Beer runs and a potential bet: What you may have missed Tuesday at Masters

From left, Tommy Fleetwood; Fleetwood's caddie, Ian Finnis; Shane Lowry's caddie, Brian Martin, and Lowry on Tuesday.

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AUGUSTA, Ga. — “Is he … Snapping?”

Flip through your cellphone anywhere else in the world, and no one pays you attention. Everyone probably has their head down in their own phone anyway. But slide your thumbs left to right at Augusta National, and you may as well be holding a unicorn. Mobiles are banned at the gates for patrons. 

But not for the players. And so, with a slight backup on the 15th tee during a Tuesday morning practice round for this week’s Masters, Bryson DeChambeau unzipped his bag, pulled out a gray phone and quickly flipped through several screens before putting it back. It drew the comment above from a nearby patron, a reference to Snapchat.   

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Golf was suspended around 11 a.m. Augusta time. But before then, the balls were in the air, potential bets were made, Bernhard Langer and Larry Mize coordinated a trick shot, and Jon Rahm joked. After the horns sounded, players and patrons left, and beer runs were made and Seamus Power was stopped by security. 

With that, here are nine other observations on a rainy day at the Masters.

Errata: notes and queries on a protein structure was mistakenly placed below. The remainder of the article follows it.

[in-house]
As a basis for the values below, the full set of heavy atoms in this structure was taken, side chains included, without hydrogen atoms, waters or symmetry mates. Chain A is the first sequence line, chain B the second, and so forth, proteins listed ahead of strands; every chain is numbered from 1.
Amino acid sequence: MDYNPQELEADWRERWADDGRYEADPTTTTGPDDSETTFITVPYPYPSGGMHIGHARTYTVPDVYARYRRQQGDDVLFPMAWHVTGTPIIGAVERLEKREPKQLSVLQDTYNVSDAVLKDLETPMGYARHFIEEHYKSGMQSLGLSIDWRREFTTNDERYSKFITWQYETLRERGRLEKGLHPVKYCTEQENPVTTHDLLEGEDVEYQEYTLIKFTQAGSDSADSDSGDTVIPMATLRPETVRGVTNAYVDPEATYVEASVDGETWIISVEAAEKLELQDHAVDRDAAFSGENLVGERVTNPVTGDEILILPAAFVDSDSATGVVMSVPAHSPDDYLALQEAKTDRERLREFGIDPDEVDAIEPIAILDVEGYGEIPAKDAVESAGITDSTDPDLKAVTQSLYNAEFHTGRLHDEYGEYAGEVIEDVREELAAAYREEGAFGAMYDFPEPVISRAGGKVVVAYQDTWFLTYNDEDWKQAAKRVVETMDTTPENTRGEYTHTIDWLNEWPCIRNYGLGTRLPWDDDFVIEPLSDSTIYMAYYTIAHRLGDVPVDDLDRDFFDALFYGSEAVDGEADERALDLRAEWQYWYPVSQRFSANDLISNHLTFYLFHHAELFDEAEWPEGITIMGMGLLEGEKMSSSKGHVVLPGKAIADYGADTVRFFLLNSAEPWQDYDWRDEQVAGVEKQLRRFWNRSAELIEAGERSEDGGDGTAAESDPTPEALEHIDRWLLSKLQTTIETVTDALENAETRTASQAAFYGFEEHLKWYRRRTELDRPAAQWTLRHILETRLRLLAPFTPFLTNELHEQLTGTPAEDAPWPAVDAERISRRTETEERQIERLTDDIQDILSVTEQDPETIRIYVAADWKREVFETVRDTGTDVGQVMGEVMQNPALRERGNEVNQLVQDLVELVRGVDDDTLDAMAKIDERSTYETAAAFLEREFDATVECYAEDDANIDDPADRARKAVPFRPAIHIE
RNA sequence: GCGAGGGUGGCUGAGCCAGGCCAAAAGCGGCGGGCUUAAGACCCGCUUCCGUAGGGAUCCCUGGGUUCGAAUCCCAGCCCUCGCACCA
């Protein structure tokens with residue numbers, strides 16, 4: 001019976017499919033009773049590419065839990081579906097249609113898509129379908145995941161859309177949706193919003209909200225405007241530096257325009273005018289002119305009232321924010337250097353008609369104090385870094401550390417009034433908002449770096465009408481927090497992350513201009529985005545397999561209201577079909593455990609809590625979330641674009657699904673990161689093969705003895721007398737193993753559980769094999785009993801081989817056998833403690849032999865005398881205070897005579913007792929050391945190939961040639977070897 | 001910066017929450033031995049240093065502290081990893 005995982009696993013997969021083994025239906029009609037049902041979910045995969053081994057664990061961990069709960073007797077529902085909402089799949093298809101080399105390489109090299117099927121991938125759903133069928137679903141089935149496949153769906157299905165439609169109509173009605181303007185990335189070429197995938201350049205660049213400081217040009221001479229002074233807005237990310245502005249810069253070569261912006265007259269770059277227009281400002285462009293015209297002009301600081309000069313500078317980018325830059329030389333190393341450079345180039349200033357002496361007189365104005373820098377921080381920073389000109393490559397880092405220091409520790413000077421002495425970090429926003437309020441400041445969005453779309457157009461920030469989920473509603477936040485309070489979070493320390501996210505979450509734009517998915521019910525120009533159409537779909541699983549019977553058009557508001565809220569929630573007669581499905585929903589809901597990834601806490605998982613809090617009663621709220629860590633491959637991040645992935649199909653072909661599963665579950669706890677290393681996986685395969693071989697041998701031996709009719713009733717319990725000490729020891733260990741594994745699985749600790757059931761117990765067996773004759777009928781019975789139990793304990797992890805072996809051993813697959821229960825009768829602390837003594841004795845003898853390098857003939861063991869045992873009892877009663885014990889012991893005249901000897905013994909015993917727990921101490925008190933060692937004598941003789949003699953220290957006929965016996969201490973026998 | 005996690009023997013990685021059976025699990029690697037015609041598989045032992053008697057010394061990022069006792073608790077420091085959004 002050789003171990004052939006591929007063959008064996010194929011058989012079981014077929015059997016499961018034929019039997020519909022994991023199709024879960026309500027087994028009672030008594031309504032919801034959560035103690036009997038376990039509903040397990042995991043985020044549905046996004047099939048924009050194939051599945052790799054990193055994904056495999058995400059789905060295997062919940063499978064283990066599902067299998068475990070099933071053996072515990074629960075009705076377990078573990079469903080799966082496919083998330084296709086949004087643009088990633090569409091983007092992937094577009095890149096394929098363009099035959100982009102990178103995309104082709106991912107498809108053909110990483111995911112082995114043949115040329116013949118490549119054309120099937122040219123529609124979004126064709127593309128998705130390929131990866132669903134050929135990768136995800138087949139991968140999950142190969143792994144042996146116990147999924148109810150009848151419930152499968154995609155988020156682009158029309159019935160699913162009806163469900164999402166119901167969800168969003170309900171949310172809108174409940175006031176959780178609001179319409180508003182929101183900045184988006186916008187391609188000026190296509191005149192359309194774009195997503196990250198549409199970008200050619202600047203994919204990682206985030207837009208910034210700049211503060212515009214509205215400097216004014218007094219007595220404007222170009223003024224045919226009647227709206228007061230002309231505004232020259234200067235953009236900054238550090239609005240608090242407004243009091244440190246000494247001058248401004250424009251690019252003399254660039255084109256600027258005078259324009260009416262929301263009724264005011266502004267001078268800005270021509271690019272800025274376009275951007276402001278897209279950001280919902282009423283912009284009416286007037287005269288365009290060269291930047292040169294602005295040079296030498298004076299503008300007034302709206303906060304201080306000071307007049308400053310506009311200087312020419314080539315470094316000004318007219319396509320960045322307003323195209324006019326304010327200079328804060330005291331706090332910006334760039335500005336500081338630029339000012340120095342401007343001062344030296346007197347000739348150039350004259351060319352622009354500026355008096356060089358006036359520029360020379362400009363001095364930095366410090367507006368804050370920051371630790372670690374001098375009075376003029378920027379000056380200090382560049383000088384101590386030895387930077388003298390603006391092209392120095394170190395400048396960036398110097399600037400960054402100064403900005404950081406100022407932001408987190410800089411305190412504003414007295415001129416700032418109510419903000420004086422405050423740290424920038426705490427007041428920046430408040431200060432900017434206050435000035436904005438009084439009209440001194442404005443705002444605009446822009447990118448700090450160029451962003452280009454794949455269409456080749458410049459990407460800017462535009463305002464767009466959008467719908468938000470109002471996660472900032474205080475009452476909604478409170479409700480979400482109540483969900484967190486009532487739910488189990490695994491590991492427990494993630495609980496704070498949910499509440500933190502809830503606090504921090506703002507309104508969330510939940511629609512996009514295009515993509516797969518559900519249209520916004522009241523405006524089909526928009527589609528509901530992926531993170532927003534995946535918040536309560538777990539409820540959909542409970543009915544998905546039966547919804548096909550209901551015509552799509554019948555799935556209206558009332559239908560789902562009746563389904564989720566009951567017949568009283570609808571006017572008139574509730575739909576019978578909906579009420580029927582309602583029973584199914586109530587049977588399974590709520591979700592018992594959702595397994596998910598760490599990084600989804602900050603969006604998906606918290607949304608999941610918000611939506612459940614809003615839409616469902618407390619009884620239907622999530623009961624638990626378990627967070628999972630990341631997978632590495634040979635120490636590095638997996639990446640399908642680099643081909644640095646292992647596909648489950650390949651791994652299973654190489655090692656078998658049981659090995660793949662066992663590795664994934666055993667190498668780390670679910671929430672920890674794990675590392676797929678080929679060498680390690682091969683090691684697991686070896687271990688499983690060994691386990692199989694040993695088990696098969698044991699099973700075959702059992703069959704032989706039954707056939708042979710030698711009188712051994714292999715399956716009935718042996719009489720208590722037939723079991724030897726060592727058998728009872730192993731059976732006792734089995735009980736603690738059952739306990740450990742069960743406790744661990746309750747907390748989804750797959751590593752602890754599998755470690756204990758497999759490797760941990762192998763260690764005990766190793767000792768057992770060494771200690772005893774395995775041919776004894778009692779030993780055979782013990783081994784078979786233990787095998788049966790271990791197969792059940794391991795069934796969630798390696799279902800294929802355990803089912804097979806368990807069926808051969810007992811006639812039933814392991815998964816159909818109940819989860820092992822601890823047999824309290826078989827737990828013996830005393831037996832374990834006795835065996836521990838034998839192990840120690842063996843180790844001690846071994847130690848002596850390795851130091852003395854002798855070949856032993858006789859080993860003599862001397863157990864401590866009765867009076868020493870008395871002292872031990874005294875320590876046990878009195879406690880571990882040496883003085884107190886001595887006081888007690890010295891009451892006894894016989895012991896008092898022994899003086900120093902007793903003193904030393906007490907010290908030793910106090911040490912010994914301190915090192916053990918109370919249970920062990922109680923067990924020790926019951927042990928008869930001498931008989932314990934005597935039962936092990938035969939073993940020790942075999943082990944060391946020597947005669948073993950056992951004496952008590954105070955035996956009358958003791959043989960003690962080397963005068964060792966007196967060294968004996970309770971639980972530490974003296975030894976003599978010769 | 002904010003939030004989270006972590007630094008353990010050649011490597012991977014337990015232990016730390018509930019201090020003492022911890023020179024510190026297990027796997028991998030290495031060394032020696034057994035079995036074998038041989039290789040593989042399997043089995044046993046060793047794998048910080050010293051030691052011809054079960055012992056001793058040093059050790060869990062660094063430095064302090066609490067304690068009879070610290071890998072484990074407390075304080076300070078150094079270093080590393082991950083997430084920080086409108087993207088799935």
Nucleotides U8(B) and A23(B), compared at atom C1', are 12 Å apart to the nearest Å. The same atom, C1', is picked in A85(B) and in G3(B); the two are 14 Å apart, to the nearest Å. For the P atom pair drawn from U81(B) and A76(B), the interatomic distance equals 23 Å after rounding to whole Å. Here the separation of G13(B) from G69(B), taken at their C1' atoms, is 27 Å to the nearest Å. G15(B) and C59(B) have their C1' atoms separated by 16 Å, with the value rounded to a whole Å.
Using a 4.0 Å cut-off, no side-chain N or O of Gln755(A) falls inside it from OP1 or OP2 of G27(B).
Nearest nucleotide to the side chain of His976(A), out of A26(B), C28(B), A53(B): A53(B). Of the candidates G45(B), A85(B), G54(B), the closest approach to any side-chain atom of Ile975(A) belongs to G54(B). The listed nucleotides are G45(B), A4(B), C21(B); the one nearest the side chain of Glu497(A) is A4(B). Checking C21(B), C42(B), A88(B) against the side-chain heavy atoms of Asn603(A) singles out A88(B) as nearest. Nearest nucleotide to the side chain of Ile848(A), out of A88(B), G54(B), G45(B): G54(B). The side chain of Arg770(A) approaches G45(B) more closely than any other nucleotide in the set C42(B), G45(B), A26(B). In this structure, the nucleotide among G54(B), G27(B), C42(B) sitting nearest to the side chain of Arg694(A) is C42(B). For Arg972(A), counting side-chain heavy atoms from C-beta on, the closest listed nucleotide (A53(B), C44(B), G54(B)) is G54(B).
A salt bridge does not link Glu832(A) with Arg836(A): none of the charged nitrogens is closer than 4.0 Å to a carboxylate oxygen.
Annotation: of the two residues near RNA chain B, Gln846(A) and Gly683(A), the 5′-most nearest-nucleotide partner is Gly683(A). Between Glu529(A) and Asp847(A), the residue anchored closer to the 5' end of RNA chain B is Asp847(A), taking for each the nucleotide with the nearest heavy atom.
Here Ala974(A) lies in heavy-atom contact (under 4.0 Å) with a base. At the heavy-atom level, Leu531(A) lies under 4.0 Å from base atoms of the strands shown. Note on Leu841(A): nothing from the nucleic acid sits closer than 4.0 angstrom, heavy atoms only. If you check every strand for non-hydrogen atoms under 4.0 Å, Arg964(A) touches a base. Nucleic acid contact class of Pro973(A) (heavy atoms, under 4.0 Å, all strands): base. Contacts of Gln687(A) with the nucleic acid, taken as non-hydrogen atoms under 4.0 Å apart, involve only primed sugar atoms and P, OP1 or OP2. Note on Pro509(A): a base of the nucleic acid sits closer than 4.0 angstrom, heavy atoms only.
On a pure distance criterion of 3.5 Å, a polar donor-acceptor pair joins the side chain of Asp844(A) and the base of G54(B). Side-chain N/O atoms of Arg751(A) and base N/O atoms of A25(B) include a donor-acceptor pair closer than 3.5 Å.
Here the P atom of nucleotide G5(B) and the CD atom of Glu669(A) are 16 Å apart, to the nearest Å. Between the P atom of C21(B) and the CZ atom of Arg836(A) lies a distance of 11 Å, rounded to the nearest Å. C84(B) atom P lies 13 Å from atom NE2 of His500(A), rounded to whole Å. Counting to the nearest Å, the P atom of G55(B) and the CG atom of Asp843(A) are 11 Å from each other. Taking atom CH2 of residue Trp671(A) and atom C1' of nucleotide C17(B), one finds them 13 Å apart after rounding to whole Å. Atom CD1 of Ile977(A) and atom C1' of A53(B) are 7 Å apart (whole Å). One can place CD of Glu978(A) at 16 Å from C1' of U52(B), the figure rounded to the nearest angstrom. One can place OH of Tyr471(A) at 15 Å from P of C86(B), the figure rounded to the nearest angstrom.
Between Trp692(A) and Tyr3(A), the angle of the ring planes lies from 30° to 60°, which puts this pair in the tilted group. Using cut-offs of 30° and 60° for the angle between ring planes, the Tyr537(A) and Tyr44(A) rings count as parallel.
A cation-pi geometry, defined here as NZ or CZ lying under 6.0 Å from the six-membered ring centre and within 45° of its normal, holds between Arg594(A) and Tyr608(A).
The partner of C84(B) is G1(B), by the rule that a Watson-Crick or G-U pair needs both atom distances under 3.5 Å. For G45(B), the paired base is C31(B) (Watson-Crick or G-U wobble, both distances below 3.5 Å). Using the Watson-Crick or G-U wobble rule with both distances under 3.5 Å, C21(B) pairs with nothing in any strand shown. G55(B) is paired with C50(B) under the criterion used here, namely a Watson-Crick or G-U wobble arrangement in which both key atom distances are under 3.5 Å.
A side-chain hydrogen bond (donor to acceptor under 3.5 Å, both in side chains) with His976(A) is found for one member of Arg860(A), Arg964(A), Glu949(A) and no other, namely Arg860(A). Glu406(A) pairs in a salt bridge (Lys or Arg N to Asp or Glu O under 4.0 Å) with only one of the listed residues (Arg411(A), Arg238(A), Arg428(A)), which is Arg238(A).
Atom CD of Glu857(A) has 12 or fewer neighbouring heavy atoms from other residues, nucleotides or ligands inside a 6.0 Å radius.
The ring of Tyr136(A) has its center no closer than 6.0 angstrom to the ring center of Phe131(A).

Jon Rahm ‘threatens’ a camera 

Rahm, Sergio Garcia, Joaquin Niemann and Aaron Jarvis (who earned his Masters invite after winning the Latin America Amateur Championship earlier this year) played together, and on the par-4 18th, they played about 5 yards ahead of the tee box. Of course, in practice, anything goes. But what gives?

The wooden markers were no less than 2 yards in front of the ropes. And maybe about a foot in front of a TV camera. It didn’t escape Rahm. 

“Let’s swing back here,” he joked, before taking his driver playfully back in the direction of the camera. 

‘You must not like 100 dollars’ 

Shane Lowry and Tommy Fleetwood played together, and before they reached the par-3 16th, a patron told another that the European stars may have also been playing for something else.

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“So Fleetwood lays up short on the 15th (a par-5), and I heard Lowry say to him, ‘You must not like 100 dollars,’” the eavesdropping patron said. 

“They must have been betting,” the other patron said. 

“They were pretty funny,” patron one said.  

Bernhard Langer and Larry Mize, trick-shot artists?

Russell Henley, Langer and Mize were a threesome, and Langer and Mize, both former champions here, helped coordinate a twist on the skipping-the-ball-in-lake-on-16 tradition. 

After all three players hit safely on, a patron in the grandstrands to the left of the tee shouted, “Skip it!” A few almost rhythmically joined in. “Skip it.” Louder. “Skip it.” Louder still. “Skiiip iiiit!” And Henley, Langer and Mize did. At once. 

Standing side by side a few feet in front of the water, Langer coached Mize and Henley to swing together, they did — and all came up short of the green. 

And were booed. 

Bryson DeChambeau, a trick-shot artist, too? 

DeChambeau also played to the gallery on 16, though it came from behind the green. As he was chipping to a potential pin location, DeChambeau balanced a ball on his wedge, flipped it up, then hit it behind him to a patron — who dropped it and was heard being booed about 100 yards away.